For six weeks in the autumn of 2015 my family and I harvested over 4000 kilos of olives from our five acres in the Valle d’Itria area of Puglia, southern Italy. The olives were milled into a delicious, fruity and nutty extra-virgin oil with a low acidity level of 0.02%. The olive trees, some of which are over 400 years old, are nestled among almond, walnut, cherry, fig, pear, persimmon and pomegranate trees, on land that has been farmed solely organically for the last 15 years. It was an exceptionally good year for olives, following 2014 as one of the worst olive years in history. The weather was perfect and the company, a mix of family and friends, even better. It was such a joyful and beautiful harvest.
Olive tree blossoms in springtime
Olive tree blossoms
The first day of a 6 week long harvest period.
The first step of the olive harvest is to repair the holes in the nets from the previous year. This year I had some extra feline help.
We hand pick all of our olives. This was the first tree picked.
The four different types of olives harvested on the first day.
The different colors of olives from one tree.
Olive and the Pickers
Olive trees are incredibly resistant. This tree, and many of our 120 olive trees are around 400 years old. They rot from the inside, leaving many trunks and large branches hollow. The new wood grows around the old or rotted wood.
One of our biggest trees, full and heavy with ogliarola olives.
Ogliarola Salentina Olives
A large, old tree that was pruned during the harvest.
The ladders of the harvest.
During picking the olives fall into the nets below.
The nets are gathered and the olives put into crates.
The essential tools of the harvest if you are picking by hand
Another essential tool is the “ciao-ciao”. The ciao-ciao is an pneumatic rake on a long handle, made of light plastic, that flaps the branches of the trees causing the olives to fall. It’s a necessary tool for tall trees.
A minimum of 200 kg of olives are needed for one press. The sooner you can get them to the press the better the oil will taste. We take olives every other day, assuring that the olives are always pressed within 36-48 hours of being picked.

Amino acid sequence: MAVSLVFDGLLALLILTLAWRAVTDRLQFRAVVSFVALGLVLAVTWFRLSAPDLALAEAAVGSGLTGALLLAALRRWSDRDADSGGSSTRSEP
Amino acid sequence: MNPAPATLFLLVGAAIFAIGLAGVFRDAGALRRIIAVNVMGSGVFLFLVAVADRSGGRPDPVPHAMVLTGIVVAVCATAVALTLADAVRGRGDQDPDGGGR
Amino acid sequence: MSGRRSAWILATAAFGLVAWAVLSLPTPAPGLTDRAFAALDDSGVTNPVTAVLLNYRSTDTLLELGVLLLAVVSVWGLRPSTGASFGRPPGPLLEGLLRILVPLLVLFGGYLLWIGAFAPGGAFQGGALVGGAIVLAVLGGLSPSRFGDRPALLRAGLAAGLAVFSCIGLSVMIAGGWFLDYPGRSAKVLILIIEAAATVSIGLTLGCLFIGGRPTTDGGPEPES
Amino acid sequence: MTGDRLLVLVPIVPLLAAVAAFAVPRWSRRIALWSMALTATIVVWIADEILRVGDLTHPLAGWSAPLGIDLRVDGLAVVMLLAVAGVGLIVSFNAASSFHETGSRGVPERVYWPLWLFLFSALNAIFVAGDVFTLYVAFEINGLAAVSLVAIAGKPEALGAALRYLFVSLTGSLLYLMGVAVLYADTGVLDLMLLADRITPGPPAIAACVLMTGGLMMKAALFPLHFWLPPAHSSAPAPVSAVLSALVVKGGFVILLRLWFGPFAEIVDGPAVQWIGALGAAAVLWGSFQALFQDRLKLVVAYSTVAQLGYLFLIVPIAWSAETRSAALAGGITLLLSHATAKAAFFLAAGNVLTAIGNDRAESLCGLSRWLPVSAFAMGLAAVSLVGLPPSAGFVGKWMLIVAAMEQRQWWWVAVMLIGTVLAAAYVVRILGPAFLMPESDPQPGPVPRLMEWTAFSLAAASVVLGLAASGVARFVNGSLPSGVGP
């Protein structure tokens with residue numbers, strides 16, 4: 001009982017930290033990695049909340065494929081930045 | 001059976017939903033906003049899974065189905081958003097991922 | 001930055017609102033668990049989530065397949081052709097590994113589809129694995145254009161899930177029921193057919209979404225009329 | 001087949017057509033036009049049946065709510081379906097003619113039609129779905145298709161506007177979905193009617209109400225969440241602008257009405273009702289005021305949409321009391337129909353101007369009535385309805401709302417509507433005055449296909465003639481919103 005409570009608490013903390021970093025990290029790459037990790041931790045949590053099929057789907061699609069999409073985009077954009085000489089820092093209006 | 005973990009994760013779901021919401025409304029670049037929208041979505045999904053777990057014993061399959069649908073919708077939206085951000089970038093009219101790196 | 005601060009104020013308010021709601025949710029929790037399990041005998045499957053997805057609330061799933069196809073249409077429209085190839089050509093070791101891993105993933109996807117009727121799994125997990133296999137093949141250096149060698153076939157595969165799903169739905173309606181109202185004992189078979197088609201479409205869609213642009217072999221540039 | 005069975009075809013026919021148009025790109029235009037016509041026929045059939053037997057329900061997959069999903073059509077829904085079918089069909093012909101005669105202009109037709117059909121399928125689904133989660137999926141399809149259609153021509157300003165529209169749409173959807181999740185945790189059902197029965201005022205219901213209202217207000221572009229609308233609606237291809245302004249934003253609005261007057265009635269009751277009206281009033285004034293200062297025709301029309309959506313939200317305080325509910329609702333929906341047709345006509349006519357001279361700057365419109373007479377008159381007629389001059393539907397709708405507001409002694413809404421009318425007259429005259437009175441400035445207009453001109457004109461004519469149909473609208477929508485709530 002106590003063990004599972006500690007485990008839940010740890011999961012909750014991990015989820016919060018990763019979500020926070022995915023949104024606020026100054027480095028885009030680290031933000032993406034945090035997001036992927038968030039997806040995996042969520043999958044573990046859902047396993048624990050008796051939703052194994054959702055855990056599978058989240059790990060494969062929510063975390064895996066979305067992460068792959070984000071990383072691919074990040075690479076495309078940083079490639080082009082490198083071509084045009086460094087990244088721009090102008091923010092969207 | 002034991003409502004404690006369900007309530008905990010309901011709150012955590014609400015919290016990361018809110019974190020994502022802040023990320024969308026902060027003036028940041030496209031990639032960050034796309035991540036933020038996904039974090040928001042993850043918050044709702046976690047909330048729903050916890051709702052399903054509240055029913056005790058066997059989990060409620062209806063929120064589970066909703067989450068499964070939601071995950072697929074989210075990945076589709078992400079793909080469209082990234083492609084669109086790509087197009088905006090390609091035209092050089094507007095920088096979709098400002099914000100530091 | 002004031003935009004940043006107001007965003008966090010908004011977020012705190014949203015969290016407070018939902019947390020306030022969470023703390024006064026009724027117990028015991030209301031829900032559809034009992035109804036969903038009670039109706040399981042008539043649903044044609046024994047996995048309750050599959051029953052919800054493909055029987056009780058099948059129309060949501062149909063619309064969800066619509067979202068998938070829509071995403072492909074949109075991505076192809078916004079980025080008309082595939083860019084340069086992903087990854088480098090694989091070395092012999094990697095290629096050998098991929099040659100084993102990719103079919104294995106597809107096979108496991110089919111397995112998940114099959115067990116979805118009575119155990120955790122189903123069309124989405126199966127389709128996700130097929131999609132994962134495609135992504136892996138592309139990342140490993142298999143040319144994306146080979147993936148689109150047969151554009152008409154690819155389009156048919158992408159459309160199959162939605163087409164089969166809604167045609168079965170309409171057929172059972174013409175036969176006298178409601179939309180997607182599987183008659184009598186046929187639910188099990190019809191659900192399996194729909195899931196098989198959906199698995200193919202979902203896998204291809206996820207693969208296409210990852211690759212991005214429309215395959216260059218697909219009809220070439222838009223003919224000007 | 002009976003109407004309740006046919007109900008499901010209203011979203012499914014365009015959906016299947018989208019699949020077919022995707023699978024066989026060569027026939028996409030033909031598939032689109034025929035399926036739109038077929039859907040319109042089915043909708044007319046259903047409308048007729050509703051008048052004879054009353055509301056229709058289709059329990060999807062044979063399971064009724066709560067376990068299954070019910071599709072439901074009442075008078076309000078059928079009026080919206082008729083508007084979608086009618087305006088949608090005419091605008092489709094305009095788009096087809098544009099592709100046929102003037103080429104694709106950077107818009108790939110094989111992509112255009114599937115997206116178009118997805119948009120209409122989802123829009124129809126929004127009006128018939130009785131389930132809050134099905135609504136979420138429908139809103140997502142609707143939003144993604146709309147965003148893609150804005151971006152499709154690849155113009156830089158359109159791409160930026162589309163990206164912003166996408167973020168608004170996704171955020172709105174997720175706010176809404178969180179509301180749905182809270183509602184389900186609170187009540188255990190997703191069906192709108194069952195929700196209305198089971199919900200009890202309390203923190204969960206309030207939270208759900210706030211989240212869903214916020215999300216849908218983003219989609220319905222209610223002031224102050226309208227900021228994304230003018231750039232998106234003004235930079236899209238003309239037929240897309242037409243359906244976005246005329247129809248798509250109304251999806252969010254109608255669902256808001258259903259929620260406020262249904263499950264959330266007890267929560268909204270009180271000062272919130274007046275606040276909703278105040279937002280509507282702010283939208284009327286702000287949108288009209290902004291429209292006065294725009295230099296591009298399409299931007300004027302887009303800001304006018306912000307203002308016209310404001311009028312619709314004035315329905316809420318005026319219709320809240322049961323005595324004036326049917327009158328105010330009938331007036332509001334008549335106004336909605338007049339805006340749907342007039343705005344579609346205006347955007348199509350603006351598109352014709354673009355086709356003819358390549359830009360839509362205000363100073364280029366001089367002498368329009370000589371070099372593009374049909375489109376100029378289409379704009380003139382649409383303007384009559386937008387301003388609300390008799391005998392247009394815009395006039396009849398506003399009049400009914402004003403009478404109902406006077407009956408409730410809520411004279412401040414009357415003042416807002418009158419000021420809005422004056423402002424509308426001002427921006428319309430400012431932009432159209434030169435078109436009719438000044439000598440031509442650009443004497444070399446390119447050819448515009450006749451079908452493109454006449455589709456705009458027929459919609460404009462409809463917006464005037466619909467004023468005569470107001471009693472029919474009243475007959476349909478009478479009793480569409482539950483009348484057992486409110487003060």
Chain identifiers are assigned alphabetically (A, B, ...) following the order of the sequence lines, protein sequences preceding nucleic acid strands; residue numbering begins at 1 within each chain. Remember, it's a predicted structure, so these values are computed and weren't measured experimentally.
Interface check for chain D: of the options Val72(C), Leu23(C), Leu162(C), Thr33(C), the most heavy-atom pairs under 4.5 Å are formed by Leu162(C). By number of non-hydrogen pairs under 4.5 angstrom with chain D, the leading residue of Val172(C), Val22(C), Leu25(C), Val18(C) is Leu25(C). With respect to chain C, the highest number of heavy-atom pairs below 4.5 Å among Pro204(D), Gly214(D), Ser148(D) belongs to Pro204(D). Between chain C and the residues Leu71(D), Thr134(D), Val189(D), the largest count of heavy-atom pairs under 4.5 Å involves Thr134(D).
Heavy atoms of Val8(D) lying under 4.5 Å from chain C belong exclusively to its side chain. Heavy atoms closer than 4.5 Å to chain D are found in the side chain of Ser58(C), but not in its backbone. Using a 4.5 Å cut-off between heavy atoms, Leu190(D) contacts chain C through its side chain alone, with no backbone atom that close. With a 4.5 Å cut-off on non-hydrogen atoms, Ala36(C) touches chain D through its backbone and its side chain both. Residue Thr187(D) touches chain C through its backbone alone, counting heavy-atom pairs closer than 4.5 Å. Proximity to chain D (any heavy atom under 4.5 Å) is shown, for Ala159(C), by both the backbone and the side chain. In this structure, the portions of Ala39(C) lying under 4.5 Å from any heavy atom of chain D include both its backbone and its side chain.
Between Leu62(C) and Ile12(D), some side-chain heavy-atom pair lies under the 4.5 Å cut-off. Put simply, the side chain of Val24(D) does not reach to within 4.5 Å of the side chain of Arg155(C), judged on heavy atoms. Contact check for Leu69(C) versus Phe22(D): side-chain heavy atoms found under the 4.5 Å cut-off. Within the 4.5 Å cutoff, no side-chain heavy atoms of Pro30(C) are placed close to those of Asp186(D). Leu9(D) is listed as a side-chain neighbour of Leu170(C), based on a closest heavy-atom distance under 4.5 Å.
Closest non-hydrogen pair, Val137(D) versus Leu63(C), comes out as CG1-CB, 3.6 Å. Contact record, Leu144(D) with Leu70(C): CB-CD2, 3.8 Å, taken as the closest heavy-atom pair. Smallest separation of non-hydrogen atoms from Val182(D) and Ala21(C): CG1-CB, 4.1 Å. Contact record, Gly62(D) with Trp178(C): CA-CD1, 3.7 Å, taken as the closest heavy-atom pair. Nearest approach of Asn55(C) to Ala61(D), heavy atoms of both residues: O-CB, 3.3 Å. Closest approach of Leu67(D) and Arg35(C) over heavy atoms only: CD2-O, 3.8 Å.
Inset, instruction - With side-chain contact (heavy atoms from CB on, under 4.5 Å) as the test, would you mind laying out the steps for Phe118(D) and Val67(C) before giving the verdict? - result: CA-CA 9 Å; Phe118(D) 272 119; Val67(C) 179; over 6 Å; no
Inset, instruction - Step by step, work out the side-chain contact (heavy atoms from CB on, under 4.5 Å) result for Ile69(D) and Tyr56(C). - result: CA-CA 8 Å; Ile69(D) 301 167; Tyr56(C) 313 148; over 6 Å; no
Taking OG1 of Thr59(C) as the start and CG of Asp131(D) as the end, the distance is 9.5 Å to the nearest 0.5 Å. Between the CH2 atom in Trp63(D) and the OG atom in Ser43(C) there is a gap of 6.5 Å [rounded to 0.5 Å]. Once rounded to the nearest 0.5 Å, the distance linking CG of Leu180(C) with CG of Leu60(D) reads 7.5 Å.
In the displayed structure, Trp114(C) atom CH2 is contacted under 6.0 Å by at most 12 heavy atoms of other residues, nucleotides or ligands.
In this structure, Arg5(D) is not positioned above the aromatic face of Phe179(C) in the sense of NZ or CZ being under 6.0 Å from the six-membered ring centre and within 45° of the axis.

The crates with a lot of leaves are put into an olive cleaning machine that separates out the olives from the leaves.
Zibibo, always near; our quality control.
After being cleaned the olives are taken to the “frantoio”, or the press. There is a minimum of 200 kg of olives needed for one press.
The small crates of olives are taken to the frantoio.
A beautiful trullo on the frantoio’s property
The olives are unloaded into a “cassone”, a large crate, and are weighed. The “bidone” is the cannister that the oil will be put into after being pressed.
The olives in the cassone
Cassoni of olives waiting to be processed. The presses run all night during the olive season to make sure the olives are pressed as soon as possible.
The cassone of olives is dumped into a hopper.
The olives are washed and any stray leaves are removed.
After being washed, the olives are milled and turned into paste that is mixed for about an hour. There is light heat added at this stage to loosen the fruit of the olive from the seed. To be considered “cold extracted” or “cold pressed” the temperature must be kept low, below 27-30 degrees celsius, for the oil to retain all the nutrients and flavor.
The paste is then sent to a centrifuge (in the foreground) which separates the water from the oil.
The oil is then funnelled into the bidone.
The first thing we do when we bring home a new press is to taste it by spoonful and then with bread. No salt, pepper, cheese, etc needed. Pure, fresh, deliciousness.
Tasting the difference of the first five presses- each press with it’s own unique flavor.
Twelve samples from our fourteen different presses in 2015.
Our oil for sale in one liter tins. Organic. Extra-virgin. Acidity level 0.02%. Cold-extracted. Unfiltered.
There are centuries-old olive trees in this area of Puglia, some over 1000 years old. They are called the “secolari”.
Amidst the secolari trees are abandoned ancient olive mills.
An abandoned stone olive mill underground.
A favorite winter dish of “fave”, fava beans, and foraged “cicchoria”, chicory, swimming in fresh olive oil.